Unnecessary medical costs amount to nearly a trillion dollars annually—often due to inefficiency and error. Eric Beck, DO, MPH, has built a health care delivery model intended to reduce costs and improve outcomes.
Dr. Beck believes patients’ active participation in their own treatment will drive savings and better outcomes. His company, Dallas-based Evolution Health, coordinates care for more than two million medically complex and high-risk patients in 15 states, many of whom are elderly.
Meeting patients where they are
The patient population Evolution Health serves primarily comprises patients with multiple chronic conditions (MCCs), a group on track to grow nationally to around 157 million—nearly 40 percent of the U.S. population—by 2020.
Their health care costs on average are well above the rest of the country, however, within this group, there is a subset known as super-utilizers—patients with 10 or more annual visits to the emergency room and a high frequency of hospital admissions. One longitudinal analysis of publicly insured or uninsured patients found 3 percent of super-utilizers account for 30 percent of all adult care costs.
“Clearly, this is an expensive population to care for, just due to the nature of their illnesses. However, it doesn’t have to be so,” says Dr. Beck. “Much of this [cost] is driven by patient attitudes and beliefs around who is responsible for his or her own health.”
The ability and willingness to assume responsibility and advocate for one’s own care, called patient activation, is a measurable quality that is highly correlated to most metrics for health. Raising activation among MCCs is key to bending the cost curve.
The higher a person’s patient activation score, the more likely they are to adhere to their medication regimen, keep doctor’s appointments and even reduce potentially dangerous mistakes. People with lower patient activation scores are more likely to need and use hospital services.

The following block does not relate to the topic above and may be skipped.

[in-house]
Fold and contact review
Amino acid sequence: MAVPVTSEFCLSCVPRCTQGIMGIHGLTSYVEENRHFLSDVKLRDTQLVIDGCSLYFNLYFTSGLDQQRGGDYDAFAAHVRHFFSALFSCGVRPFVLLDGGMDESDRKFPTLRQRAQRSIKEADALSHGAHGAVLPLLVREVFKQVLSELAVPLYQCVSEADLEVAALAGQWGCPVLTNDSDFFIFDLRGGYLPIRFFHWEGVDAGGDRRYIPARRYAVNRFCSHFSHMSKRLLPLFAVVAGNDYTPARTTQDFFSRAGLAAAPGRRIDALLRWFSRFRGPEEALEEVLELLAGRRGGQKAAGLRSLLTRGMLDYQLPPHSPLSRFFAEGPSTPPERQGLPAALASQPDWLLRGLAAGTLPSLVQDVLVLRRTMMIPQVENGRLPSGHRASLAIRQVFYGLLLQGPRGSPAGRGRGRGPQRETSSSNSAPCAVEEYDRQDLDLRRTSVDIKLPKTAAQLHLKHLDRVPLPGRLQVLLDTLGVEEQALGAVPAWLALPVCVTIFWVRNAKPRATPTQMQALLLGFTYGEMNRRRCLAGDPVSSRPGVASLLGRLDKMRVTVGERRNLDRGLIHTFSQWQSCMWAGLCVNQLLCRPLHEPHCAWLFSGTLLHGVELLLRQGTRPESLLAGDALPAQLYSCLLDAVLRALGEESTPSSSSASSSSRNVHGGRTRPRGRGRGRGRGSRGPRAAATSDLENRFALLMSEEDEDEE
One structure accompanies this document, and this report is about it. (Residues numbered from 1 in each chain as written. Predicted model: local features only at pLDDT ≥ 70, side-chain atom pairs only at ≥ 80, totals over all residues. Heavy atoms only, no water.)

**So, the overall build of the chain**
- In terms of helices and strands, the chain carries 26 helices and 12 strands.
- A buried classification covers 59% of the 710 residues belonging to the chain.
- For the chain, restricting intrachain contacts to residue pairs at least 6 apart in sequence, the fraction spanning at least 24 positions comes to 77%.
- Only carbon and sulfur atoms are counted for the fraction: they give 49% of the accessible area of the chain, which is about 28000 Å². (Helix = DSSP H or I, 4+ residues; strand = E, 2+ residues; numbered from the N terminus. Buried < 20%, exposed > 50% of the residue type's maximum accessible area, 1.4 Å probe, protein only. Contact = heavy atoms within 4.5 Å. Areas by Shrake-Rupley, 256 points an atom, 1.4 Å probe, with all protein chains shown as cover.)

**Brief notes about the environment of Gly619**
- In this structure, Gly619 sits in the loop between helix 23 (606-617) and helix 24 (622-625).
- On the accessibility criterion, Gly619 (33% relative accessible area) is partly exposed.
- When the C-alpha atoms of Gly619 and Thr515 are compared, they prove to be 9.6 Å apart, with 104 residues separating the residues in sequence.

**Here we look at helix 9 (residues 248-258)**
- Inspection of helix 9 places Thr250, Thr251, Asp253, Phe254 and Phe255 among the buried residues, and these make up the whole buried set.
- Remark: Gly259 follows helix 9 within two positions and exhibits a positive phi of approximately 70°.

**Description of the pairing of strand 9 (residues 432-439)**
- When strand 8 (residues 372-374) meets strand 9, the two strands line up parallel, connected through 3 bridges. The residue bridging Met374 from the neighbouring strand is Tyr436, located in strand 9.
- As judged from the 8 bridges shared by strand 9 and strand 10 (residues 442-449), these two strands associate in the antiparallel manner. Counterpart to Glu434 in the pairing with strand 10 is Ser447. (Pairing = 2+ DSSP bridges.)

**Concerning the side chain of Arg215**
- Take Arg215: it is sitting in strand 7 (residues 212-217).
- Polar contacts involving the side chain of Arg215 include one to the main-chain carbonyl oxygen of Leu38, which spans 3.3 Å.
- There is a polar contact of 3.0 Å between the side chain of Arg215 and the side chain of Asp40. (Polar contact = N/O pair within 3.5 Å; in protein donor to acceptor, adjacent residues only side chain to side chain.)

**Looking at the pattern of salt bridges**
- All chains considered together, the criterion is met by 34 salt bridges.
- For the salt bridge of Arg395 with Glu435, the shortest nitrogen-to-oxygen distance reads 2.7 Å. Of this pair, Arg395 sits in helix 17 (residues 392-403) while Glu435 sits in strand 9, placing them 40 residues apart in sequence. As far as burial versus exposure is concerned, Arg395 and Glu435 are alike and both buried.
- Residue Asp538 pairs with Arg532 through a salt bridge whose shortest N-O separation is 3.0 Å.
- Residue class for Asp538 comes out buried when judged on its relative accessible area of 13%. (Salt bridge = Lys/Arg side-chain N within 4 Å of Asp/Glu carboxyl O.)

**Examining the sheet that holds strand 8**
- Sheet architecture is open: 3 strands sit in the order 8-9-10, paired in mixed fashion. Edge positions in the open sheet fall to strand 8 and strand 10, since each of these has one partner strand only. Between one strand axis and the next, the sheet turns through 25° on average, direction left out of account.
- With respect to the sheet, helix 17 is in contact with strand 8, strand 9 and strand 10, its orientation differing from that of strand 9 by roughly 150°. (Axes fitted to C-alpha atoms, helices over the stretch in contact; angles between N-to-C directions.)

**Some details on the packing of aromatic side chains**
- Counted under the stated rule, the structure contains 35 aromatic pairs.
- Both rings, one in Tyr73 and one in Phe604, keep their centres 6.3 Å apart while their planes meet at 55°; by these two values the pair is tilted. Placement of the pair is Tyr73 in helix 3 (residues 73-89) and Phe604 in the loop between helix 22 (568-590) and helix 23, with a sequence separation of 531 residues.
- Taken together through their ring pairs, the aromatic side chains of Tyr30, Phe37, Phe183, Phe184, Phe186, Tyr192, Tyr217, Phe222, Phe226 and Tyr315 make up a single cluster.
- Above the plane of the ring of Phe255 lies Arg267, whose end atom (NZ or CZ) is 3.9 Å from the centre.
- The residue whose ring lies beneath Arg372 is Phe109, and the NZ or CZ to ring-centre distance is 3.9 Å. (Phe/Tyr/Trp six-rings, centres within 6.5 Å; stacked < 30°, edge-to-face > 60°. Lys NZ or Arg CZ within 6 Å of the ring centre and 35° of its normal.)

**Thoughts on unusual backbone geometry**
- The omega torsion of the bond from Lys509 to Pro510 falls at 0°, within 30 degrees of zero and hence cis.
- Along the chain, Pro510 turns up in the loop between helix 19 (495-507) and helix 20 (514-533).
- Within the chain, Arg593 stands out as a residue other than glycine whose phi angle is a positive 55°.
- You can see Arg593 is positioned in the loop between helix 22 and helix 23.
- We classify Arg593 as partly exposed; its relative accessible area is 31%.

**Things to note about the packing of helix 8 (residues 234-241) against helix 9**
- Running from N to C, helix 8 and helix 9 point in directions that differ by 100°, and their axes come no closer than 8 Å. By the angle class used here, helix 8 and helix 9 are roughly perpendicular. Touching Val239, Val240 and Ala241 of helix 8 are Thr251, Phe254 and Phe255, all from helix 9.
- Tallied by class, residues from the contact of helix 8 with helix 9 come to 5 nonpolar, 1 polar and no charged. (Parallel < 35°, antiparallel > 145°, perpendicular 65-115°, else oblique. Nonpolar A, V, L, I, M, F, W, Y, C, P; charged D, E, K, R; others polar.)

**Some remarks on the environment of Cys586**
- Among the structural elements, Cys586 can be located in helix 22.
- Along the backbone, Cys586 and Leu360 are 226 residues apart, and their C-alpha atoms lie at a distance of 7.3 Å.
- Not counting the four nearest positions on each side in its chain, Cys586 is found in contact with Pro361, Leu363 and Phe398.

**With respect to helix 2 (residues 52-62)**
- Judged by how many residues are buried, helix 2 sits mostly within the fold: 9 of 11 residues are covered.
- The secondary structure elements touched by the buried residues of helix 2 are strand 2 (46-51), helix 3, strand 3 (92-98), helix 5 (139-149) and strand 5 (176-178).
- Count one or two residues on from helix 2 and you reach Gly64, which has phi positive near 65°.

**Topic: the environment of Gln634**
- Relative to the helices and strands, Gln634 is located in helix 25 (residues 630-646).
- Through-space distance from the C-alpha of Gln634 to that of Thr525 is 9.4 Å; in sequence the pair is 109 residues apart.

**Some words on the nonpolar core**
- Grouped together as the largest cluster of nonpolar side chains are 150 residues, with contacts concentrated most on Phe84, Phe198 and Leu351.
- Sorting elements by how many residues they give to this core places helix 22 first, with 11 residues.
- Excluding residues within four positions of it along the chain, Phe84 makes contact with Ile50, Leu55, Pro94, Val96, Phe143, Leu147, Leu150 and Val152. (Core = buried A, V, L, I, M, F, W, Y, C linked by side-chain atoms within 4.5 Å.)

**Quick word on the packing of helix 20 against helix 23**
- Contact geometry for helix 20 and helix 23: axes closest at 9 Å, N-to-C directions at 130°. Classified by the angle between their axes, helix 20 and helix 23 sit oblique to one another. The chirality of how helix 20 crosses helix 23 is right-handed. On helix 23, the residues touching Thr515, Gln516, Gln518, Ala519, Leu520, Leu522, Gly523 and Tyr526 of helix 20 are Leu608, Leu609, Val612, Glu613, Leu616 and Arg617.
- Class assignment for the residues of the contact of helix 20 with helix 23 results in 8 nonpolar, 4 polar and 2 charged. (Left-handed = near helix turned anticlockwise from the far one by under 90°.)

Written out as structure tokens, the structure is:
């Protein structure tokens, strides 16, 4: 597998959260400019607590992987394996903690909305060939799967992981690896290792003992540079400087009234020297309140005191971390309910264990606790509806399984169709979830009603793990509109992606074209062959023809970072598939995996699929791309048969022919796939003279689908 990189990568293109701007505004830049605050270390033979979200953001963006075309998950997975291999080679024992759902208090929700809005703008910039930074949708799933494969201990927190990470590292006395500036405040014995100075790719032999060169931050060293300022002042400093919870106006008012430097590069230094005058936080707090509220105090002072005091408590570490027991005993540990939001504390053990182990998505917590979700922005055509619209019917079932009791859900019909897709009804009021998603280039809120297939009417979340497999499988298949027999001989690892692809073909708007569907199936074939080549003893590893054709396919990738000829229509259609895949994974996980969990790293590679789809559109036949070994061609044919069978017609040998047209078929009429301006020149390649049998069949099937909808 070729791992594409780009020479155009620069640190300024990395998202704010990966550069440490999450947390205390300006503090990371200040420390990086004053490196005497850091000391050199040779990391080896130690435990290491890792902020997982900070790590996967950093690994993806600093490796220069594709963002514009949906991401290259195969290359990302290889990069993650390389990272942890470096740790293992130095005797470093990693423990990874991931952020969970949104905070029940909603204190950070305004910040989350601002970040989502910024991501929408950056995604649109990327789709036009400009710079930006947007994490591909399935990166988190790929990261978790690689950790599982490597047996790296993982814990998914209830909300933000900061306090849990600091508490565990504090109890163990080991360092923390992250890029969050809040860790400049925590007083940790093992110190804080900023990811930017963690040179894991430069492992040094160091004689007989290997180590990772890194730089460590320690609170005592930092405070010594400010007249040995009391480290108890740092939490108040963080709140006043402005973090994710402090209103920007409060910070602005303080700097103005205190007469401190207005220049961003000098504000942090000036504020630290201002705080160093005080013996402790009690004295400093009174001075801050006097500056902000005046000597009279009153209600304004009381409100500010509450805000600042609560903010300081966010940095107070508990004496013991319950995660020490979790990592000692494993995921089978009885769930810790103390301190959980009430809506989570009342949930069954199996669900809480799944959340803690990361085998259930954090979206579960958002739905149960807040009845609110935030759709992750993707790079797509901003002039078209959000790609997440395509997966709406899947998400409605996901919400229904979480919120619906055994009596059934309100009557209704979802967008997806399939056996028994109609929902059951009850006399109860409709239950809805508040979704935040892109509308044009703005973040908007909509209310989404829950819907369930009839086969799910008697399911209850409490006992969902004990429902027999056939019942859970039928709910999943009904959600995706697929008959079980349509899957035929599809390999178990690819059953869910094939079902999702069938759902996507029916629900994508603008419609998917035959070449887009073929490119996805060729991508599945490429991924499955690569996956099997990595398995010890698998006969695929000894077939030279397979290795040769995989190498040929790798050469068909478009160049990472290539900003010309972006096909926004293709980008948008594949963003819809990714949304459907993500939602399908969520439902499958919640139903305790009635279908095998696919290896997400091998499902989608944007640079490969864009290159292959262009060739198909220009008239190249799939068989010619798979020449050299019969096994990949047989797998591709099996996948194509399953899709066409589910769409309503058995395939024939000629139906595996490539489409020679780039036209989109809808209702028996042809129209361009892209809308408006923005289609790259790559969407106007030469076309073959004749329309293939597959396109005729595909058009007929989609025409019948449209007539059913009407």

“The great thing about improving patient activation is that it addresses two of the prevailing factors that drive avoidable health care spending, lowering unnecessary care and preventing errors,” explained Dr. Beck.
Evolution Health created a robust process to increase patient activation. The team begins with an initial assessment of how well patients understand their conditions and the care that is needed. Then, it provides supports to increase patients’ ability to self-manage and advocate for the care, be it medication or monitoring that is needed. In two months, patients typically achieve a 5–6 percent or greater increase in their patient activation scores.
“Our patient care model mirrors the philosophy of osteopathic medicine by taking a whole-person approach,” says Dr. Beck. “That’s why we say our care is person-centered instead of patient-centered. If you want to help someone, you have to go beyond their symptoms and understand them in the context of their culture, community and environment.”
That cultural competency is the cornerstone of staff training, in which clinical professionals are taught to coach patients in a manner that appreciates and addresses an individual’s social determinants of health.
“We provide education to help patients optimize their health and meet their individual goals through self-management. But we start by meeting them where they are,” Dr. Beck says. “That means literally at a time, place and manner of their choosing, with an empathic and nonjudgmental approach.”